In that perspective, Nassehi-Behnam is to be saluted for her studies that move beyond many of the clichés surrounding Iranian exile, and her statement that the Iranian diaspora “comprend une population qui, au moins dans sa grande majorité, n’est pas totalement déracinée. La communication n’a presque jamais [cessé] d’exister entre la communauté d’exil et le pays natal” (1988: 217). But even the latter remark stands out as a euphemism in the light of Dutch-Iranian online interaction. My findings show hundreds of hyperlinks that connect Iranians in the Netherlands to Iran. More important, the statement overlooks the new local attachments that shape exile.

Notwithstanding exilic discourse of deracination or that of deterritorialization theorists on displacement, online networks of Iranians in the Netherlands, far from transcending time and space constraints, reflect their offline networks. This comes across, for instance, in the paucity of their religious sites. Furthermore, national patterns of interaction retain disproportionate weight when considering these in the perspective of transnational linking. Nation-state bounds also shine through linguistic features of Dutch-Iranian portals the balance between Dutch and Persian messages, the balance between Roman and Persian script usage, and bilingualism that serve as hosts for a hyphenated identity. Exile, that is, is structured by local relations. While there are variations between Iranians and Turkish Kurds in the Netherlands as to the ways in which factors such as generation and network medium affect modes of territoriality, the overall importance of territorial space in both cases suggests that territorial bounds retain their grip well beyond the particularities of Dutch-Iranian exile.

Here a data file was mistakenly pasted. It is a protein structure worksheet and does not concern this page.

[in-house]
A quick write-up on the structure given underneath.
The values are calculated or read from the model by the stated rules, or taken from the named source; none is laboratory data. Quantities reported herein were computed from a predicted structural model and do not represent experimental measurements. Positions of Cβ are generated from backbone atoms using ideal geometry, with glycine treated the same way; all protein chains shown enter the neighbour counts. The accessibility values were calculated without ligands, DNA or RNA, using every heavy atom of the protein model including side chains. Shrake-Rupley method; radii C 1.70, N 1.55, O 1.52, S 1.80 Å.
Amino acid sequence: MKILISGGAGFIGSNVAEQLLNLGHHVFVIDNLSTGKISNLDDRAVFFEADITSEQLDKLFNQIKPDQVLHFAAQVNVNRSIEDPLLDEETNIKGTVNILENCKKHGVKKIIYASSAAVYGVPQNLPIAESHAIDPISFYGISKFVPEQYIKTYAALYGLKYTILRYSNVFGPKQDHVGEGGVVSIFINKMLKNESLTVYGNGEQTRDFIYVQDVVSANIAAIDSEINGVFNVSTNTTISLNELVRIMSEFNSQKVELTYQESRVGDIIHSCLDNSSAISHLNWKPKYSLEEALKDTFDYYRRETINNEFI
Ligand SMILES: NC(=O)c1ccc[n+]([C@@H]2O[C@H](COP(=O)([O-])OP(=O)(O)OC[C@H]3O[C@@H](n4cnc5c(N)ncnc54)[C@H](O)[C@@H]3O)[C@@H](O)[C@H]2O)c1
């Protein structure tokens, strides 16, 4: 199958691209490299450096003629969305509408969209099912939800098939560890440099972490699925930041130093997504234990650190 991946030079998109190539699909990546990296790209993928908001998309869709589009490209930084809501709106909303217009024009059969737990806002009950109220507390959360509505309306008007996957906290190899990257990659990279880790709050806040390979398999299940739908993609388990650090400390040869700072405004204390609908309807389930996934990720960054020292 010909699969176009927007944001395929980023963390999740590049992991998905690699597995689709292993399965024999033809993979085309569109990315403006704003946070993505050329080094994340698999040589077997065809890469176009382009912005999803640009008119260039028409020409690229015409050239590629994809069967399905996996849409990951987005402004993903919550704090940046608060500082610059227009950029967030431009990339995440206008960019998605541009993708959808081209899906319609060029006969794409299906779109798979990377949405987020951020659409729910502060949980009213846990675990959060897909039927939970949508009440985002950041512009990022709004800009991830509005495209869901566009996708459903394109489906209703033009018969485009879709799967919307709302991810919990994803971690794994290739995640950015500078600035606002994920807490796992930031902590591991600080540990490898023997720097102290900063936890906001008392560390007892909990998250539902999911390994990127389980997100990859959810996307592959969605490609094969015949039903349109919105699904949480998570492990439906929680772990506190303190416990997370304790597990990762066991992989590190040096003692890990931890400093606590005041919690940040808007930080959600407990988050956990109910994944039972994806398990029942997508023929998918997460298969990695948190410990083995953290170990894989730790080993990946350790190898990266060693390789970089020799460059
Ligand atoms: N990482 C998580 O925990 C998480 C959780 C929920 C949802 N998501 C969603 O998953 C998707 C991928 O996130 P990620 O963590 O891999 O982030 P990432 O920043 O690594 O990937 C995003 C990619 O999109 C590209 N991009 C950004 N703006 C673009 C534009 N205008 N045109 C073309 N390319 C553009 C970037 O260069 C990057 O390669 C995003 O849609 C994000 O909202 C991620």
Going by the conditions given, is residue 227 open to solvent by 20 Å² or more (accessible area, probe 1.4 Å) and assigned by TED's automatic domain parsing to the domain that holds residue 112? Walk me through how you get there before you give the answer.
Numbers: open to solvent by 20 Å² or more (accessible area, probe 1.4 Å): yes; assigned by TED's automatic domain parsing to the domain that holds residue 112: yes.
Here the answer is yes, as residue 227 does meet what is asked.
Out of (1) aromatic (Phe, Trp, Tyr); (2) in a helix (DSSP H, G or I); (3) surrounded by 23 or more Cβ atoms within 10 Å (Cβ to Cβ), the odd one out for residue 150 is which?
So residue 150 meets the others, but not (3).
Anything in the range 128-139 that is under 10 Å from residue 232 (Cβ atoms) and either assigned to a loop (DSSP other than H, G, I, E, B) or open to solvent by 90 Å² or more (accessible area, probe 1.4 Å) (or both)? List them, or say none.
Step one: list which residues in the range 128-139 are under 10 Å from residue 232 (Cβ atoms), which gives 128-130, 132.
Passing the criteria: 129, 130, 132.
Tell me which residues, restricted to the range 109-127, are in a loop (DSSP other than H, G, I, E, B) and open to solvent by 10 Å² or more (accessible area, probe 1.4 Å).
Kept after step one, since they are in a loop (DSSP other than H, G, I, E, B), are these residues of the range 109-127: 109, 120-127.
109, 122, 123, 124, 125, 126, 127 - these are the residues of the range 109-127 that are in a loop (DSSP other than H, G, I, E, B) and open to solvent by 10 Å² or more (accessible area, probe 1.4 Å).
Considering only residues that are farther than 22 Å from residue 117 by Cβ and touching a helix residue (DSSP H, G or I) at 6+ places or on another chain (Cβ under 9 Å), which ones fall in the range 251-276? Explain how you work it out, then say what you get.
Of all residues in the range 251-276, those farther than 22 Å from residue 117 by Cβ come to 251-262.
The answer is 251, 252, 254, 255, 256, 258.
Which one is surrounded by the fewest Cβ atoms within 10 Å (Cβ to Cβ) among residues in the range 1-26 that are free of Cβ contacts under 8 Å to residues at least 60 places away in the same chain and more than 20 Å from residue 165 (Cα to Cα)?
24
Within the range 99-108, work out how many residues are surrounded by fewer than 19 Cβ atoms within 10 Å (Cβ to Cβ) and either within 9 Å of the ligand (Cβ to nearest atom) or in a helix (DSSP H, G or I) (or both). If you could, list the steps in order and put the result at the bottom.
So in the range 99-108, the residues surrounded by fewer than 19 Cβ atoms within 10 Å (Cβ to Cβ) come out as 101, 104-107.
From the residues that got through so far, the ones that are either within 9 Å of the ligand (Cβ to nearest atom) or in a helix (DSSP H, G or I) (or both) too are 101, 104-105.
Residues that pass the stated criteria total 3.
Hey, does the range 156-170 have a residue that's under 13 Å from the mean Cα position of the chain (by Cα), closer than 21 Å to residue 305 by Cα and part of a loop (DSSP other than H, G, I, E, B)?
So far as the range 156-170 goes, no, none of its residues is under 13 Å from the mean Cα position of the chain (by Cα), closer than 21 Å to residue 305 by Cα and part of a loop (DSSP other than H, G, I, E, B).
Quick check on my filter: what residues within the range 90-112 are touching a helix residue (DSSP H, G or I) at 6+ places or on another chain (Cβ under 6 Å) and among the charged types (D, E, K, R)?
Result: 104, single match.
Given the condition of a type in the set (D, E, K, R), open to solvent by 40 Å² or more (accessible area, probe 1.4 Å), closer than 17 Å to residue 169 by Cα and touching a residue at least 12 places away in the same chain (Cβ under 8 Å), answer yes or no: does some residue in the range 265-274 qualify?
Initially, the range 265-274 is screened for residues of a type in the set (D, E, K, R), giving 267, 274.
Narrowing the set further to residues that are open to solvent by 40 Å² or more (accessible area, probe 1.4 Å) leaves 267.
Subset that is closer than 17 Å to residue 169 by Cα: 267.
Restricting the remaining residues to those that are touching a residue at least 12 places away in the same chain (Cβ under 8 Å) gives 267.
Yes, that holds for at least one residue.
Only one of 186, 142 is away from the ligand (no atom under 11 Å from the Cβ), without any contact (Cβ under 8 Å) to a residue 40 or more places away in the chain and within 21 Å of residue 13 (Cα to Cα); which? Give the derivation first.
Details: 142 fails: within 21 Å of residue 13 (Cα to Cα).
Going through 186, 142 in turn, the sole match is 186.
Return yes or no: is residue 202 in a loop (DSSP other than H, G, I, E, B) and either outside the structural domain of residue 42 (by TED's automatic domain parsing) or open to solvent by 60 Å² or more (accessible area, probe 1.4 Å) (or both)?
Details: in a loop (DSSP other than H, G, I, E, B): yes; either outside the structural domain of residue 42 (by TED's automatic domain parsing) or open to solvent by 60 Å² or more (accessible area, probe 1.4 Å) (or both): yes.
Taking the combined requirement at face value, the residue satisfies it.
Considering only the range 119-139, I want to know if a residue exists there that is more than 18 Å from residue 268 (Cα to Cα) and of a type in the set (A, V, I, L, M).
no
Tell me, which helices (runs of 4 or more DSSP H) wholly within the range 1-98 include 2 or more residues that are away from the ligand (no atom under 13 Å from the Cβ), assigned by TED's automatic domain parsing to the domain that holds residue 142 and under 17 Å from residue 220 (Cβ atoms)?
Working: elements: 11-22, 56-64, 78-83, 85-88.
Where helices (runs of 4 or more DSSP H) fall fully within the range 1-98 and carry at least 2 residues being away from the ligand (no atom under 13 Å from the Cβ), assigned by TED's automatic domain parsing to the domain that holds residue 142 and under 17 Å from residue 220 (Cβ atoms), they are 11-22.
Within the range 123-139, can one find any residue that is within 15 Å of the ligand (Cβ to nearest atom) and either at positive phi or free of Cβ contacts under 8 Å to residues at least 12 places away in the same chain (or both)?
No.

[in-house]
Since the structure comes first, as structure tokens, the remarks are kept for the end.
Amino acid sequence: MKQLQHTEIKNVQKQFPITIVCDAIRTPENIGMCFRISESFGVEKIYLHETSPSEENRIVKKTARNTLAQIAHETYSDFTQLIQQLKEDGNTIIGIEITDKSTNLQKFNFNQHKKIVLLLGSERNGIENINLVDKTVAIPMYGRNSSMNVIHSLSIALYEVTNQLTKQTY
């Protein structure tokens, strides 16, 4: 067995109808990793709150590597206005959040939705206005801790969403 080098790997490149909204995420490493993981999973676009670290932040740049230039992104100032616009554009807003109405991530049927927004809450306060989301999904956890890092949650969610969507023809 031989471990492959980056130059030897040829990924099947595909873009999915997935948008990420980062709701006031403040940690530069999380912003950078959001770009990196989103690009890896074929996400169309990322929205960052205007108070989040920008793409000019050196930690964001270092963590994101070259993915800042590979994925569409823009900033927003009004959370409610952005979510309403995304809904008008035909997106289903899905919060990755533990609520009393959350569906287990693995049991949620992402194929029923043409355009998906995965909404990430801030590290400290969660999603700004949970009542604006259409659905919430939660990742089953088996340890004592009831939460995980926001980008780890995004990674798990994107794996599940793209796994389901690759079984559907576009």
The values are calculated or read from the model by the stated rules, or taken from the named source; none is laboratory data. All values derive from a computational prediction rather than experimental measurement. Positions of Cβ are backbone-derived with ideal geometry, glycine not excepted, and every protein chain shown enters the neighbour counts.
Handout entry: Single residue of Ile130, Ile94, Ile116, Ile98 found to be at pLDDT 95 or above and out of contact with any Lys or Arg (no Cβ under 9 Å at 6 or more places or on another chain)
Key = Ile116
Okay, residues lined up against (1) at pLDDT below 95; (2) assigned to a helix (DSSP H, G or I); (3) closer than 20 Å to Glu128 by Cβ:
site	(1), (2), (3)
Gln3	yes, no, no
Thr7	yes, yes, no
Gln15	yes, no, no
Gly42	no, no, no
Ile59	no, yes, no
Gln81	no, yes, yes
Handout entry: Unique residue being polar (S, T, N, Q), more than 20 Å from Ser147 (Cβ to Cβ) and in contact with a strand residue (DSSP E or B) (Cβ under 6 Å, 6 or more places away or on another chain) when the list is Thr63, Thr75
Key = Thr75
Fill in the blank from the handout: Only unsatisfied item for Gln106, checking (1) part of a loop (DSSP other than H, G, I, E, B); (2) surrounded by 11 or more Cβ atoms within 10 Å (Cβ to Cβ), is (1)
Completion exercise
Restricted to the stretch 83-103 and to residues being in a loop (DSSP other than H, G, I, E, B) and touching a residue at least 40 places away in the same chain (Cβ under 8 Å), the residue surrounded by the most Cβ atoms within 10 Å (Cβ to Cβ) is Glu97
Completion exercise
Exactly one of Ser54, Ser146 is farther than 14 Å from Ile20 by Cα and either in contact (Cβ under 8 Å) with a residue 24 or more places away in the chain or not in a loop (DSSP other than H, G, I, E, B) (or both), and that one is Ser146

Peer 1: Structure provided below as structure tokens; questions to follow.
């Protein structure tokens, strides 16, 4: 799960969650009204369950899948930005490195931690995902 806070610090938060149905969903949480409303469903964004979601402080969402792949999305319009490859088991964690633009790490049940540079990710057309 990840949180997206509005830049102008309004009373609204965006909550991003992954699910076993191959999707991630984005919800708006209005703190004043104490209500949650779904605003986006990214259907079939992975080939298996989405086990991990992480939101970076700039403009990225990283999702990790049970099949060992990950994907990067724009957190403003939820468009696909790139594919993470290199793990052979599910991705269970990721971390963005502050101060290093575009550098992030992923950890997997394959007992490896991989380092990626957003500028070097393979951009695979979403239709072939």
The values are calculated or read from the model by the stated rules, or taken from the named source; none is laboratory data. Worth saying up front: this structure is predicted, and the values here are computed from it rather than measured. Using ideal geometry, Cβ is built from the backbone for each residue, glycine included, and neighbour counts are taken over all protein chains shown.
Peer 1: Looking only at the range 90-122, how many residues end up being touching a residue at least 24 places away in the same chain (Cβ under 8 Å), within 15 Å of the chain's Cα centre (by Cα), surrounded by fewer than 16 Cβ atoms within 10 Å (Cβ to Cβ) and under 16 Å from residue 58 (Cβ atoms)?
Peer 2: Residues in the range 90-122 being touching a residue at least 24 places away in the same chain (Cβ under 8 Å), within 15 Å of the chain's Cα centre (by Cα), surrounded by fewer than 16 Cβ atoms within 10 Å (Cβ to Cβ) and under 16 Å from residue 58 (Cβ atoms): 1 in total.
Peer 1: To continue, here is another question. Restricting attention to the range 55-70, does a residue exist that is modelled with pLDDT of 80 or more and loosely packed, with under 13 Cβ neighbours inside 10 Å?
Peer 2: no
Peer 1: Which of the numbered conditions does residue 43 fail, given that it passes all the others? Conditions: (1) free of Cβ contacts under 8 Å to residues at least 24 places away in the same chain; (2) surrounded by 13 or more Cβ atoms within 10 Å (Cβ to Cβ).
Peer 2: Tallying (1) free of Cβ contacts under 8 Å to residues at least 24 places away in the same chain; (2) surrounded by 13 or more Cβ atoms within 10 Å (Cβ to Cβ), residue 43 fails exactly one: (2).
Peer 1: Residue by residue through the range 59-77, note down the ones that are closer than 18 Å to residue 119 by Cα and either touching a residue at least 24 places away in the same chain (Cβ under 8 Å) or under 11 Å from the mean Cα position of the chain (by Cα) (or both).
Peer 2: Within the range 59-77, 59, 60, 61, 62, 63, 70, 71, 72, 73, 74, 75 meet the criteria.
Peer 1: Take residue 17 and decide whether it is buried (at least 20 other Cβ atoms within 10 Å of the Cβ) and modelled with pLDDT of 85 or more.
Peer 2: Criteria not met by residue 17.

Notes

[1] “Although they seemingly rupture boundaries and borders,” write these principal theorists of transnationalism, “contemporary transnational cultural processes and movements of people, ideas and capital have been accompanied by an increase in an identity politics that is a celebration of a nation”.

[2] Despite the fact that they supposedly refer to the same phenomenon, there is a gap here of 11 hyperlinks between the mentioned 161 Dutch-Iranian links and the 150 figure given earlier to account for overall network density. The odd inaccuracy is very unlikely to account for more than a small portion of these links—I checked and double-checked my data. This leaves only the passage of time between data collection in July (when I finished my national data collection) and November 2004 (when I finished my transnational data collection, which included a recount of national links), during which Dutch-Iranian–Dutch-Iranian site links apparently increased, to account for the gap.